by jerry on March 28, 2020
There's policy as envisioned, and there's policy as implemented. The latter can be especially problematic when the administrator of such policies has to support policies that s/he does not agree with. Kaiser Health News reported on how the current White House administration has undermined elements of the Affordable Care Act by, for example, reducing advertising for health insurance options during open enrollment. States like California have tried to blunt such impact by spending their own advertising dollars.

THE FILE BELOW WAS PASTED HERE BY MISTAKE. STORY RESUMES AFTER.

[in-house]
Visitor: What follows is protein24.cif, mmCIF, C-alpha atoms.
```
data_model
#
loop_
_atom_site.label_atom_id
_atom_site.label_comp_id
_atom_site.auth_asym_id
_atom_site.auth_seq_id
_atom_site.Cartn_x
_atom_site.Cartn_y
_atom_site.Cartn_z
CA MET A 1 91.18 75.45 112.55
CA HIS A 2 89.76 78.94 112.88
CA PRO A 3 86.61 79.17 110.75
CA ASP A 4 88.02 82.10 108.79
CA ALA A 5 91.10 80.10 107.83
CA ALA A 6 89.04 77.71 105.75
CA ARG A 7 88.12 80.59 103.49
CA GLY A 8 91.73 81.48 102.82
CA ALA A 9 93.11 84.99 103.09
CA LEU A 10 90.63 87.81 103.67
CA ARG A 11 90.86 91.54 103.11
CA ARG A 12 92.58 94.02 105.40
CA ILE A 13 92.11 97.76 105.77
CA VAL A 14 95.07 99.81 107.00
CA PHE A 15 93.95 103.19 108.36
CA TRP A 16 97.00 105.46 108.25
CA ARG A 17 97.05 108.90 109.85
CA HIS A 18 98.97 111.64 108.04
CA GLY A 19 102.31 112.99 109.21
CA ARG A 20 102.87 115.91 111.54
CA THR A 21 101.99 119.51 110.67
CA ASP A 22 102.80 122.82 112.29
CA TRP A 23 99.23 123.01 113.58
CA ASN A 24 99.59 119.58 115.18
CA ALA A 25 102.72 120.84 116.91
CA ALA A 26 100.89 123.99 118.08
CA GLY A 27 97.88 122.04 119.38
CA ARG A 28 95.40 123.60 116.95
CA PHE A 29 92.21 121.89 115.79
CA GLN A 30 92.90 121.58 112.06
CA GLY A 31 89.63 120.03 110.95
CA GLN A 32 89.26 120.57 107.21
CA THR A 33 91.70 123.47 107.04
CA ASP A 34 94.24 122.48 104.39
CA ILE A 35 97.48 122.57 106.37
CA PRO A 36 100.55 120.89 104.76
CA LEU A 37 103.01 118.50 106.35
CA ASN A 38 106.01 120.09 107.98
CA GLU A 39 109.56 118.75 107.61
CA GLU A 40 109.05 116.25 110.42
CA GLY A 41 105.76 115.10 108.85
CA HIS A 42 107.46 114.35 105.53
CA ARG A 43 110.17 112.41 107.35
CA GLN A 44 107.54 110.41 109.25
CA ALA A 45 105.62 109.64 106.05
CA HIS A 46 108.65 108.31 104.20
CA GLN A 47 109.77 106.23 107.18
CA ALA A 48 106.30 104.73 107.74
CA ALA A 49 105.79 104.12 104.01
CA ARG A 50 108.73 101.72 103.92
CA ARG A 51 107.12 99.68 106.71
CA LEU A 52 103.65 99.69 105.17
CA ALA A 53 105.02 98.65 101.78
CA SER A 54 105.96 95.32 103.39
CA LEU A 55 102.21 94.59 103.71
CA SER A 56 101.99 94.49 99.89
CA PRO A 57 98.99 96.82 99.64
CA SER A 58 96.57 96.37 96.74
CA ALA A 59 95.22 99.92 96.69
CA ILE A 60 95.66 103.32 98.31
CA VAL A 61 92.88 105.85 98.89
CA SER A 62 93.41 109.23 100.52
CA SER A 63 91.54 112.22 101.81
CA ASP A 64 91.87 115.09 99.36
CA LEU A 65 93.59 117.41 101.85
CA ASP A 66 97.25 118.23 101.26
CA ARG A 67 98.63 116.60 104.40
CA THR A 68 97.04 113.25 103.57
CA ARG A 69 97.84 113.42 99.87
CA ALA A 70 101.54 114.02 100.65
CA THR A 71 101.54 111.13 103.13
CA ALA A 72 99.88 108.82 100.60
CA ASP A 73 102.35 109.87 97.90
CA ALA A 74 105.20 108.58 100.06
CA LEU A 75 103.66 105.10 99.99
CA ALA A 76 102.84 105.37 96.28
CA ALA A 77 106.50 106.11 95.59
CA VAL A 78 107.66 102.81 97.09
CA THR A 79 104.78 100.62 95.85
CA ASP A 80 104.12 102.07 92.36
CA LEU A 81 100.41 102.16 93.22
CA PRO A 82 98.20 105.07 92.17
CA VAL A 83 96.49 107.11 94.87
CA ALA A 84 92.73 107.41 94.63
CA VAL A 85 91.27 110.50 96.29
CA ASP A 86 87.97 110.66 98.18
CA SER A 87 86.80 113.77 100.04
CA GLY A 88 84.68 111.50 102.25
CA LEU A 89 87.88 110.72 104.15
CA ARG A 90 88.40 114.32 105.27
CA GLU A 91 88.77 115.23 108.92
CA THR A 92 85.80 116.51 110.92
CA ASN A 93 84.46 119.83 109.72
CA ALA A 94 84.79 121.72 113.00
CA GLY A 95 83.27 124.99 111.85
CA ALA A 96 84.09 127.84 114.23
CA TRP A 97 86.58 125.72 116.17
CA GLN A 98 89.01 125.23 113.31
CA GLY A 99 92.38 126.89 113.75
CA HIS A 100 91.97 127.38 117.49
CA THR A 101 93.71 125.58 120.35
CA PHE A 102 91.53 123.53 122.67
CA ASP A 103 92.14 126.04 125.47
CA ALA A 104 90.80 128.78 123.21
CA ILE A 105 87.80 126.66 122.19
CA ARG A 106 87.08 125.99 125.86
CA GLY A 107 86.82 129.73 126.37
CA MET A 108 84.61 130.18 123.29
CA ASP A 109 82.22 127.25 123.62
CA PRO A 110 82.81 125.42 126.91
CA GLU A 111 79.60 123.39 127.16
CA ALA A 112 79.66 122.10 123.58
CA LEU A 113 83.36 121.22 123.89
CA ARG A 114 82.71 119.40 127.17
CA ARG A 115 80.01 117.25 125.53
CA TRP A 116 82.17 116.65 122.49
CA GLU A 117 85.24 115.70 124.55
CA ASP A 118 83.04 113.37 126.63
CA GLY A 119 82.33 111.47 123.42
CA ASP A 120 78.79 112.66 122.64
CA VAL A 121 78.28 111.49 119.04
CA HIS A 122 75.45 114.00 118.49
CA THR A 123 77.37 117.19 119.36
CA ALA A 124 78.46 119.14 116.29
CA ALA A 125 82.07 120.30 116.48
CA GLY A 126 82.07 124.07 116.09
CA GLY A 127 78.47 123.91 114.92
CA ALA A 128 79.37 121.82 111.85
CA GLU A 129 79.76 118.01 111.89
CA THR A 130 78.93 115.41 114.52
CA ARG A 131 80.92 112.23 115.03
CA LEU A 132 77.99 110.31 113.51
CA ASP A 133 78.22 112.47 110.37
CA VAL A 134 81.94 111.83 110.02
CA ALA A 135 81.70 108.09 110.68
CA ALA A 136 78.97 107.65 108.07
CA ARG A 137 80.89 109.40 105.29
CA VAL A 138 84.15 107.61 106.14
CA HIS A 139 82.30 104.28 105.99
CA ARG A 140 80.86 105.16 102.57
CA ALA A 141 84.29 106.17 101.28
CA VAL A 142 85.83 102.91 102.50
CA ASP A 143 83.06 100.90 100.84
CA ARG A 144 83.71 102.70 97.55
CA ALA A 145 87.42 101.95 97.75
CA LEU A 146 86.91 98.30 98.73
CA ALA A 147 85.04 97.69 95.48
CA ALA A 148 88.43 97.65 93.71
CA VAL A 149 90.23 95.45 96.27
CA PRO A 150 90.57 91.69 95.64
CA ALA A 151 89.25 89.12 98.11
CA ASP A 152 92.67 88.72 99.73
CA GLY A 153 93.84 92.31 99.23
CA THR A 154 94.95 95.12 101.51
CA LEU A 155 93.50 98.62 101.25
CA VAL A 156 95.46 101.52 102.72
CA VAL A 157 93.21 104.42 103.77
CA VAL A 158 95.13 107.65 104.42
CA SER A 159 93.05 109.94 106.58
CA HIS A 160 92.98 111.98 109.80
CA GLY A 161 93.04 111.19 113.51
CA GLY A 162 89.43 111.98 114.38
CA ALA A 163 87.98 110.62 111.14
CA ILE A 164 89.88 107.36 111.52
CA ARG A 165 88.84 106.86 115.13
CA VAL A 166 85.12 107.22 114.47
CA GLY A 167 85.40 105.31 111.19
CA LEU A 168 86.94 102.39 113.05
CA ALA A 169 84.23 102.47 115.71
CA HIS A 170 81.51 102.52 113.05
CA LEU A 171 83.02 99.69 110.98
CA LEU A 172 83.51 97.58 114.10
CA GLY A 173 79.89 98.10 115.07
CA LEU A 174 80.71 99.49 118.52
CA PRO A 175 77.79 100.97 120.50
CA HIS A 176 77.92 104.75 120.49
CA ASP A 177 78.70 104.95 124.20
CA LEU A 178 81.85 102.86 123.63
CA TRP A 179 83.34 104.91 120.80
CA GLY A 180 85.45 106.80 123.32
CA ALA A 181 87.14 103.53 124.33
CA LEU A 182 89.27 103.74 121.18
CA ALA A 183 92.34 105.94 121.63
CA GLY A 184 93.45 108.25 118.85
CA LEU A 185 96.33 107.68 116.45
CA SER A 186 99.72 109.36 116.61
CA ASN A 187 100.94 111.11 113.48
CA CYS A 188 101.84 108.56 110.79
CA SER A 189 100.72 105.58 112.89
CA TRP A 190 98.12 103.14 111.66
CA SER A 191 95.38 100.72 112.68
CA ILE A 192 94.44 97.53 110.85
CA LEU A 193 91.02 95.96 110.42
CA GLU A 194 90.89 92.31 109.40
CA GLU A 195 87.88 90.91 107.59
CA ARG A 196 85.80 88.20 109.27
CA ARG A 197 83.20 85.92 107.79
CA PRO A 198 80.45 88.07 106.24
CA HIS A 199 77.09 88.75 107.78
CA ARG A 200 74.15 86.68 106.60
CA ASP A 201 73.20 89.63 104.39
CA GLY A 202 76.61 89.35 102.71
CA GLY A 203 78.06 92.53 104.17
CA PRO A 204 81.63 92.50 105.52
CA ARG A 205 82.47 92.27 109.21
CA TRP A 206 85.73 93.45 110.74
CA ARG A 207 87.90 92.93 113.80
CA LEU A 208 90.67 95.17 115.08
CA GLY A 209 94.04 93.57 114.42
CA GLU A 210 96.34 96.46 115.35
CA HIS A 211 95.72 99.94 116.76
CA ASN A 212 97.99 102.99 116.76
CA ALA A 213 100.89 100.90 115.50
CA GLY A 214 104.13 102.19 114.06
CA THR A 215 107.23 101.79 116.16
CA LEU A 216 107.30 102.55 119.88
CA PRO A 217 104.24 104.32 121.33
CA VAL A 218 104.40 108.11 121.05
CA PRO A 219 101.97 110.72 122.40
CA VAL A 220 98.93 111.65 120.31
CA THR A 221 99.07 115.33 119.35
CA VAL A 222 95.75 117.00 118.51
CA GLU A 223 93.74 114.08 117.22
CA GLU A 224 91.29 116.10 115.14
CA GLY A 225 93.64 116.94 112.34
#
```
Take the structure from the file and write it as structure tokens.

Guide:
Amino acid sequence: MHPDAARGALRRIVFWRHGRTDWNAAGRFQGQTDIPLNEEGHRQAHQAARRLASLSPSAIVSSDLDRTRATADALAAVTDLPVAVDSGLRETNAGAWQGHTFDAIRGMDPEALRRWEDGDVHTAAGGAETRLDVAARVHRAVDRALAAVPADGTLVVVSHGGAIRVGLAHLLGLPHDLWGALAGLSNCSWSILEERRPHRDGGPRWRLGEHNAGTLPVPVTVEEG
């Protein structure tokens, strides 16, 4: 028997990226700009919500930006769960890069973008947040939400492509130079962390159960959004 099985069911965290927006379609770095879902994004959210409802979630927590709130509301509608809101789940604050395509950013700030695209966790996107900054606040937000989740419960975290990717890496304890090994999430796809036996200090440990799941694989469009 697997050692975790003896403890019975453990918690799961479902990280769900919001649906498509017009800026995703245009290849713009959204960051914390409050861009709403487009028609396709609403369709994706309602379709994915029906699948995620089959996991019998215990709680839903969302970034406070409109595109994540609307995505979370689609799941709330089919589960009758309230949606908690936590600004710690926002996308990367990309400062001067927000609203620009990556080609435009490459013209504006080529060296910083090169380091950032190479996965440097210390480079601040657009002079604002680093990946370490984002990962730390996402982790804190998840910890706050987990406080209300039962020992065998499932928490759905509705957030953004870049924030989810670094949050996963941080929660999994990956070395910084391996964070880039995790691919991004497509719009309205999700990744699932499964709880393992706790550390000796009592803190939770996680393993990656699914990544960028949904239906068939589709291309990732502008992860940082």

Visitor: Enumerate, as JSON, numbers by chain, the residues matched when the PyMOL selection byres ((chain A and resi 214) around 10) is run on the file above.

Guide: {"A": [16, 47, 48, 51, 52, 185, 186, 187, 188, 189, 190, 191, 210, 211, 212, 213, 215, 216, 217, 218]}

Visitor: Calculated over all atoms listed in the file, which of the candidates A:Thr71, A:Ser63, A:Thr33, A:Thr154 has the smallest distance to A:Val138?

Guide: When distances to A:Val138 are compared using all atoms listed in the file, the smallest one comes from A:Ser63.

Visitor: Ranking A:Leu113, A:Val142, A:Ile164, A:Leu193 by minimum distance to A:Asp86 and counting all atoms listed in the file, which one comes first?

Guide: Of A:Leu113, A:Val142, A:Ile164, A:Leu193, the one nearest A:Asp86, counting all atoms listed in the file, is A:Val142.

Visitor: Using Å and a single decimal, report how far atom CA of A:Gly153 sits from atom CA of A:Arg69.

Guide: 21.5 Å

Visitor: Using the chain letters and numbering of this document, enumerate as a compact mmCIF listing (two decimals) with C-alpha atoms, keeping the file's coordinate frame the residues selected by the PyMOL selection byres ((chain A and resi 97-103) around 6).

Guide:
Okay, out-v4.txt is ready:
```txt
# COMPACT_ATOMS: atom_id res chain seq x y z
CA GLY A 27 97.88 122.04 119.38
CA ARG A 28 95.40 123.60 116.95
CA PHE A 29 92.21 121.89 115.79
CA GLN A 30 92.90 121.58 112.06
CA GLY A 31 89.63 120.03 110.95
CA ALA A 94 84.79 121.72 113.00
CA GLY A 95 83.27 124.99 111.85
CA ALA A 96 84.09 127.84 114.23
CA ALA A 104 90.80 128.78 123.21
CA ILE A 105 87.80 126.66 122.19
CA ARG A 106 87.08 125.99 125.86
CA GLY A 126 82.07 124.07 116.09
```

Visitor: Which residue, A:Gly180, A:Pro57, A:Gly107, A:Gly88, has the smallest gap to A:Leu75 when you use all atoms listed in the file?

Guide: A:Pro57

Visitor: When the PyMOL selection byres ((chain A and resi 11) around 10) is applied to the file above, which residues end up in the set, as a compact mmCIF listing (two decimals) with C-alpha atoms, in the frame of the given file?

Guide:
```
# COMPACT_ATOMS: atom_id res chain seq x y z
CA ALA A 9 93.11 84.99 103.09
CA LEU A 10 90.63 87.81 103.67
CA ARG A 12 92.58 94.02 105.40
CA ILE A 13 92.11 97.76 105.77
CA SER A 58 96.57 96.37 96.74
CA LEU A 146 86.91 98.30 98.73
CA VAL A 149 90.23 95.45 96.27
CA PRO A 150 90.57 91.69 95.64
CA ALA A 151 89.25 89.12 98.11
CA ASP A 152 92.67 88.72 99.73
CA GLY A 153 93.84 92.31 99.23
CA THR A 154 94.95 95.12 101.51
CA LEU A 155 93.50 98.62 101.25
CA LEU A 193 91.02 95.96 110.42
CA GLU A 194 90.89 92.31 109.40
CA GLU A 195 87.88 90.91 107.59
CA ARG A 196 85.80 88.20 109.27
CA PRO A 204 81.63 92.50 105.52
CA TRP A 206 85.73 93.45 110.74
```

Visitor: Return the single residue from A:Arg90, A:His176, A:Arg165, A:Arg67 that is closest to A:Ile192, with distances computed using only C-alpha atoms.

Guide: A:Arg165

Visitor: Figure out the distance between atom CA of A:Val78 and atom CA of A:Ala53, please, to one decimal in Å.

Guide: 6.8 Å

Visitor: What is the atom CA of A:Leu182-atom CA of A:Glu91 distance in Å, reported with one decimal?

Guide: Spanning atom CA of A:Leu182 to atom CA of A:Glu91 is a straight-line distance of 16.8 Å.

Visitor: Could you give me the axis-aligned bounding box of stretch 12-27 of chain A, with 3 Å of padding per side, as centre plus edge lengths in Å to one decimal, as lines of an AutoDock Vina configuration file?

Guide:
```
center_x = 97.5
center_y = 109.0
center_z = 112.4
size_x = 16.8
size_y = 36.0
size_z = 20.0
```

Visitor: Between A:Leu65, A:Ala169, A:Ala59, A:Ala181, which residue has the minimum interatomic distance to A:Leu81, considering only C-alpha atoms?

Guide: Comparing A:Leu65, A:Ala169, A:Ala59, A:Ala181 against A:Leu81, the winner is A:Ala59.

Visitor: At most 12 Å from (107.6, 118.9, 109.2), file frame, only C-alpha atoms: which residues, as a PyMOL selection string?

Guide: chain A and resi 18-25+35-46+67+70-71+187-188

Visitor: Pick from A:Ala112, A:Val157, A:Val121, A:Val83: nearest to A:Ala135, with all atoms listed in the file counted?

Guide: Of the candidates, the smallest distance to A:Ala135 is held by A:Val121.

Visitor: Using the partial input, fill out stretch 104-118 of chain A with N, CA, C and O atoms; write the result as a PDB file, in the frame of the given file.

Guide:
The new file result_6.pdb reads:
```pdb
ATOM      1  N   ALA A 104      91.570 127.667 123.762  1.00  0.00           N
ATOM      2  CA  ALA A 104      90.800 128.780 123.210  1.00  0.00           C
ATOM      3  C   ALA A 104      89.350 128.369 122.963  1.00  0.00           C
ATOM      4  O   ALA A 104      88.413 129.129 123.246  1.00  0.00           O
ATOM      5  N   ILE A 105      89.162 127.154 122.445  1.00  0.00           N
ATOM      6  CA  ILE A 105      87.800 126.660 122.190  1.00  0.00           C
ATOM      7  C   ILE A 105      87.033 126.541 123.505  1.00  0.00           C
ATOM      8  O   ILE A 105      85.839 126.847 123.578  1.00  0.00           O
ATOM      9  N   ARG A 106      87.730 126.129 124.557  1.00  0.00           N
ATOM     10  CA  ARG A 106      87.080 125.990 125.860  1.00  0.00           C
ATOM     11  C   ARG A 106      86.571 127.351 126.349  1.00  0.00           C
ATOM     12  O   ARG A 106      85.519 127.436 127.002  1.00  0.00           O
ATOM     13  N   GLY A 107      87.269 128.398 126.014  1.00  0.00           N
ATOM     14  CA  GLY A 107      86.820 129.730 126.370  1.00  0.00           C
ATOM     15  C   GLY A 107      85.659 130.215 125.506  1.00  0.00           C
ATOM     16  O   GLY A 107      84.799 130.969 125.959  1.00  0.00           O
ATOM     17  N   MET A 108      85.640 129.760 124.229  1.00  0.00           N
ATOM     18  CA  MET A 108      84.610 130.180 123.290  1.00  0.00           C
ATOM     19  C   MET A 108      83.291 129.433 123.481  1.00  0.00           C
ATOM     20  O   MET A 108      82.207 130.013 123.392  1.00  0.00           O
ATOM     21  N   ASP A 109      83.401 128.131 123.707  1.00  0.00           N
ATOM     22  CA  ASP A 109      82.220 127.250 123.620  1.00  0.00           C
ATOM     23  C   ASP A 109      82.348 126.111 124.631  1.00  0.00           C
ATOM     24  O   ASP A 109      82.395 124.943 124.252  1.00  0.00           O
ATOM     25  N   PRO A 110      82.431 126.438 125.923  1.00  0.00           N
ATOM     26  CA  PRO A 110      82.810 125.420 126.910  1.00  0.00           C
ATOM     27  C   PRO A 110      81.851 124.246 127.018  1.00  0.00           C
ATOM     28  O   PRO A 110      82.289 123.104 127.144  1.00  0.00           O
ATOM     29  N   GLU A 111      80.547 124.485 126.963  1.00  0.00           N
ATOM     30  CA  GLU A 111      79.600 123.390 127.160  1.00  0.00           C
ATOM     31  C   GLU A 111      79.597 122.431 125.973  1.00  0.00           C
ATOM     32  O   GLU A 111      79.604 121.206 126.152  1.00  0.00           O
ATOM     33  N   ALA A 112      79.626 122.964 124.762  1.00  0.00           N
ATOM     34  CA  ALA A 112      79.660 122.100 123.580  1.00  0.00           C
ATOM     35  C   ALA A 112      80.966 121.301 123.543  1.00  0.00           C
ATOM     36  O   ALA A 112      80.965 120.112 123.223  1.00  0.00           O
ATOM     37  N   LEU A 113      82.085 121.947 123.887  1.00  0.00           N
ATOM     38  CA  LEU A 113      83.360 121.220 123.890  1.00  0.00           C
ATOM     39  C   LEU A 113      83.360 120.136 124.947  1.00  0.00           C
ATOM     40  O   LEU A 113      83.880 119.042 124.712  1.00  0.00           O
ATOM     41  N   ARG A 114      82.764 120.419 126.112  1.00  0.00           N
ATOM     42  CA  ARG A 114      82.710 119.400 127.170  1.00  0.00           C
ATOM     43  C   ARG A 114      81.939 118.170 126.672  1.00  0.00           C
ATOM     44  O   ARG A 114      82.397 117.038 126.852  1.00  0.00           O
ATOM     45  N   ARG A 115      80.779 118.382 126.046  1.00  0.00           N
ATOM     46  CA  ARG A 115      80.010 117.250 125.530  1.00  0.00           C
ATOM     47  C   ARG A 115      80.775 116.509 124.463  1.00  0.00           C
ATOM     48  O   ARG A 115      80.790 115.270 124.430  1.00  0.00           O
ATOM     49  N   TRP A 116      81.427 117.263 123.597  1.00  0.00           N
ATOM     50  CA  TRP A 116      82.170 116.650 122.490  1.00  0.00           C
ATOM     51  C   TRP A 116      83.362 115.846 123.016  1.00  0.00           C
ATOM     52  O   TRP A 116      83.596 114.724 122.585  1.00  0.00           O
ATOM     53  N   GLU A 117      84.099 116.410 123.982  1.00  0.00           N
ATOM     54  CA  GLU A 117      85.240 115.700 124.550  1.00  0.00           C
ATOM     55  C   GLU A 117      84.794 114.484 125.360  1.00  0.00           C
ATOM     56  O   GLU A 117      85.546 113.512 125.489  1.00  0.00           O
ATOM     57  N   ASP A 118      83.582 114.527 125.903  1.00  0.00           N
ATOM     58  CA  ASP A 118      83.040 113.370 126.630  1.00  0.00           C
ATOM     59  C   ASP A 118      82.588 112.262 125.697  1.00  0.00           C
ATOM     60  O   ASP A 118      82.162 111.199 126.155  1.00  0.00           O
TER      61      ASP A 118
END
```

However, the article highlighted what seems like might be purposeful desire of the White House administration to spite the state of California by denying the managed care organization tax, "a surcharge on the managed-care plans that provide coverage to about 10 million enrollees on Medi-Cal, California's public health insurance program for low-income people." California expected their request to be approved -- similar to how Michigan's request was approved -- but California's request was instead denied. At stake appears to be roughly $2 billion in revenue for Medi-Cal. Arguably, California and other states should have found a way to make up for the shortfall before the tax expired, but if so, there is a question of fairness in that it is unclear why Michigan's request was approved. We often think about the government setting neutral policy and sometimes forget that real human beings are involved, who might make decisions that undermine the stated policy.